When opting for ad hoc arbitration, it may be preferable to choose a set of predetermined arbitration rules (such as the UNCITRAL Arbitration Rules). In the alternative, the arbitration clause should include a minimum set of rules providing for the composition and appointment of the tribunal. An appointing authority provision should also be included should the parties fail to appoint an arbitrator.
Constitution of the arbitral tribunal
In recent years, some practitioners have voiced concerns about the nomination or appointment of arbitrators by the parties. Nevertheless, parties often see the ability to choose their own nominated arbitrator as one of the main advantages of arbitration. This is also true in M&A transactions, where parties value the possibility of appointing arbitrators who, in addition to their experience as arbitrators, understand the complexities and mechanics of these specialised transactions.
Parties may therefore specify in the arbitration clause the number of arbitrators and the method to be used to appoint them. Alternatively, both institutional and ad hoc arbitration rules provide default mechanisms for selecting or replacing arbitrators. Since these default mechanisms vary from one institution to another, it may be useful to examine them before finalising the arbitration clause.
In any case, providing for the specific qualities or qualifications or even naming the arbitrators in the agreement is not recommended. Excessive predictability is tantamount to rigidity and may render the arbitration proceedings very difficult to manage when a dispute arises. Establishing set criteria at the outset may prevent the parties from appointing arbitrators with the appropriate profile to handle the dispute, which may be different from what the parties had anticipated at the time of entering into the transaction.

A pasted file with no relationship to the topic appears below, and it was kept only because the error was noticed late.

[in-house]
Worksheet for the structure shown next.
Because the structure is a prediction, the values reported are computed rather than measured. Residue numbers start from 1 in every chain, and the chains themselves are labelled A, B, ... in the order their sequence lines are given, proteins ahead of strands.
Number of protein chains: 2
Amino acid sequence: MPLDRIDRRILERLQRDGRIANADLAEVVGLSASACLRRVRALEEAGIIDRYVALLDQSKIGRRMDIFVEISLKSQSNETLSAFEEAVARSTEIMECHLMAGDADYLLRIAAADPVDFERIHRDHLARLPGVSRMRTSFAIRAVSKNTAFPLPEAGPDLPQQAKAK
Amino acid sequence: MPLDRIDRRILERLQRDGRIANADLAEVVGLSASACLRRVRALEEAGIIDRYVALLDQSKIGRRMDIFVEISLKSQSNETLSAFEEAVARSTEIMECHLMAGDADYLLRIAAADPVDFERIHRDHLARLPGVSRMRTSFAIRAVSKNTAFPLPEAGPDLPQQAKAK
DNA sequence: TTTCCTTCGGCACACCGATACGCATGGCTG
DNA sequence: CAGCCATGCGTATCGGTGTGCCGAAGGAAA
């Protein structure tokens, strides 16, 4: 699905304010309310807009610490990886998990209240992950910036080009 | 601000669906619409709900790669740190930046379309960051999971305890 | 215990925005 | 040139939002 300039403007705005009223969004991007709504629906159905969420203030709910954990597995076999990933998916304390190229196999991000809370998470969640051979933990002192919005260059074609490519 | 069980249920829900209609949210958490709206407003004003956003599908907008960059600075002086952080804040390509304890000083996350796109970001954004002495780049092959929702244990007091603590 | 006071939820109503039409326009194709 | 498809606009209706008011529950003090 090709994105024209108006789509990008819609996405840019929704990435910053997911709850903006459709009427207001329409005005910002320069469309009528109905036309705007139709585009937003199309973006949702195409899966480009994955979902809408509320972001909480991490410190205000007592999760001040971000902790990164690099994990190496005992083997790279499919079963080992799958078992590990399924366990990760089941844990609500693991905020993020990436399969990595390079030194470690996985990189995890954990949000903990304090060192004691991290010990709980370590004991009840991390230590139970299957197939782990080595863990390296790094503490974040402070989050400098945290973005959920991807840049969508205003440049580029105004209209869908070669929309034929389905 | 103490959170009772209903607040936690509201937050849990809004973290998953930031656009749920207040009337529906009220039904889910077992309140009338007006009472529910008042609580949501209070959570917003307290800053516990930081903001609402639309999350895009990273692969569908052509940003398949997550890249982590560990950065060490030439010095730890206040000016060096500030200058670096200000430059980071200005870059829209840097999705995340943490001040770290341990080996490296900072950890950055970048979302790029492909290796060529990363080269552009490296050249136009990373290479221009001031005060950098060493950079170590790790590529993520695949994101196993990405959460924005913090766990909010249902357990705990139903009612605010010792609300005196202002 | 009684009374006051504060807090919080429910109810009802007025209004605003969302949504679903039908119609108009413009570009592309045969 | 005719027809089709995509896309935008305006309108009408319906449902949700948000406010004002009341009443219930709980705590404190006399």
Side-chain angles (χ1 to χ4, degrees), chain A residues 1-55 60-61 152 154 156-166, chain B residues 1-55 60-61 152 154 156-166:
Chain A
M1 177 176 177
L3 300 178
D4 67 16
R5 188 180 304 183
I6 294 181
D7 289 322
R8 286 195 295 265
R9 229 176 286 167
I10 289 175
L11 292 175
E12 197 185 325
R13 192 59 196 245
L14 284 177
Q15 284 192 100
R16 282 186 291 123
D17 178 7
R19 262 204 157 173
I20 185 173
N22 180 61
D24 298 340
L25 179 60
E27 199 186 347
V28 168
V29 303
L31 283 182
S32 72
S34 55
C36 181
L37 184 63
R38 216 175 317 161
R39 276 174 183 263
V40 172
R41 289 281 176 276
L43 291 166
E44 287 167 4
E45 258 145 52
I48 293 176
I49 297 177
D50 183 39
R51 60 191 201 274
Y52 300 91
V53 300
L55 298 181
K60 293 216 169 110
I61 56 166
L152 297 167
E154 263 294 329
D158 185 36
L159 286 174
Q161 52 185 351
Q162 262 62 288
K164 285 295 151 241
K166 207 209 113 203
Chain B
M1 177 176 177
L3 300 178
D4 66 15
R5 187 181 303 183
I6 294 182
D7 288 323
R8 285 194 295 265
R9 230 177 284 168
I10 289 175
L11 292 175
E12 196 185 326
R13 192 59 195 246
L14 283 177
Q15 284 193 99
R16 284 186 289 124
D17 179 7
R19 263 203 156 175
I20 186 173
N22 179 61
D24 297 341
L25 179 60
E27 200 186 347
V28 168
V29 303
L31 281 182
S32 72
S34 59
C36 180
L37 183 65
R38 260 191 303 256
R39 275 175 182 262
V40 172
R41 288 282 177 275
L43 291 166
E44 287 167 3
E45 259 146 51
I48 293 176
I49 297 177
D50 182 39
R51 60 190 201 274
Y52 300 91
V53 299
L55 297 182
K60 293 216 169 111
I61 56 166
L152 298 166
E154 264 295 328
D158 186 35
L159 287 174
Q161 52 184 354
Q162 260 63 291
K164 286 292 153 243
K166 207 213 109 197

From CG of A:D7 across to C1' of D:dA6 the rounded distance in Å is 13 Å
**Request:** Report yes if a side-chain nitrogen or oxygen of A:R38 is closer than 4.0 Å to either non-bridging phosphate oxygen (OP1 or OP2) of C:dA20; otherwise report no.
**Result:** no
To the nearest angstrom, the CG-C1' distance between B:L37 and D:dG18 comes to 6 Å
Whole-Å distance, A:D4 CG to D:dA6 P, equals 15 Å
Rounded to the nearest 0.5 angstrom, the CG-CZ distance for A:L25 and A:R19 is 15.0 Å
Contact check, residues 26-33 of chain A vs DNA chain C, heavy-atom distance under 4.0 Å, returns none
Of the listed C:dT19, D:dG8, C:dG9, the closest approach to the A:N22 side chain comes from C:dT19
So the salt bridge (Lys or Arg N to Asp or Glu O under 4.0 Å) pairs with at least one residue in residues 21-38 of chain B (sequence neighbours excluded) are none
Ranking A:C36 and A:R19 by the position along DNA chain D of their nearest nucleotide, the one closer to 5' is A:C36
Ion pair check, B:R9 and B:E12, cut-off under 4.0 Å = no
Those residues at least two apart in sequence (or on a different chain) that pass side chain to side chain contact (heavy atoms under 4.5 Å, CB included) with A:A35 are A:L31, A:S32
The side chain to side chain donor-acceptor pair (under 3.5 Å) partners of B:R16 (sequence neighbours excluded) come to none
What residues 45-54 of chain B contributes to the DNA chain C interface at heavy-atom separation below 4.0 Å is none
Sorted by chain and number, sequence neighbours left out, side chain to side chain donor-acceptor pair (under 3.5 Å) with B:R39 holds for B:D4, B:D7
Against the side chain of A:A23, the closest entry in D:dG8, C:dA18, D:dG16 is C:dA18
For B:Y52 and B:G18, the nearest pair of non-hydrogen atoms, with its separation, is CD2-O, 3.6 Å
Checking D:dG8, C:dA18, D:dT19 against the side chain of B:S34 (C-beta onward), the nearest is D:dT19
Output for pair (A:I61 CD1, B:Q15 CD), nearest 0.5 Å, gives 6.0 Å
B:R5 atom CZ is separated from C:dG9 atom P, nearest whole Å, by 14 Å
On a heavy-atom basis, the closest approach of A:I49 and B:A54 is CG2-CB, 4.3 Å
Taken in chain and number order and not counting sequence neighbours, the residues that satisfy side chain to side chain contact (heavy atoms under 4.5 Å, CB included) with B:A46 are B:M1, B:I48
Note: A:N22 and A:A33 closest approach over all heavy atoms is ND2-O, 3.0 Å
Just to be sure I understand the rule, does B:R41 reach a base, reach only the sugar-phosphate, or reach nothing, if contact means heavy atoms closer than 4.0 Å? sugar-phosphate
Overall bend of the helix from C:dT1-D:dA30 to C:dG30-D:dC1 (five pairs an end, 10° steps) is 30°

Confidentiality may be of importance in M&A disputes. For instance, sellers will not want to disclose any price-sensitive information or confidential information regarding the business and operation of the target; similarly, the buyer, having spent a considerable amount of time and money evaluating a transaction, might want to preserve the confidentiality of its investment from other potential acquirers.
Although it is generally assumed to be, confidentiality is not always an inherent feature of arbitration. The approach to confidentiality can vary between arbitral institutions and jurisdictions. For instance, the Swiss Rules of International Arbitration and the rules of the London Court of International Arbitration (LCIA) provide that the arbitration be confidential. Conversely, the International Chamber of Commerce Arbitration Rules do not provide for any default confidentiality obligation. Often contracts will provide for confidentiality but where this is not the case, and in the absence of a default provision in the applicable arbitration rules, the parties should seek a confidentiality order from the tribunal.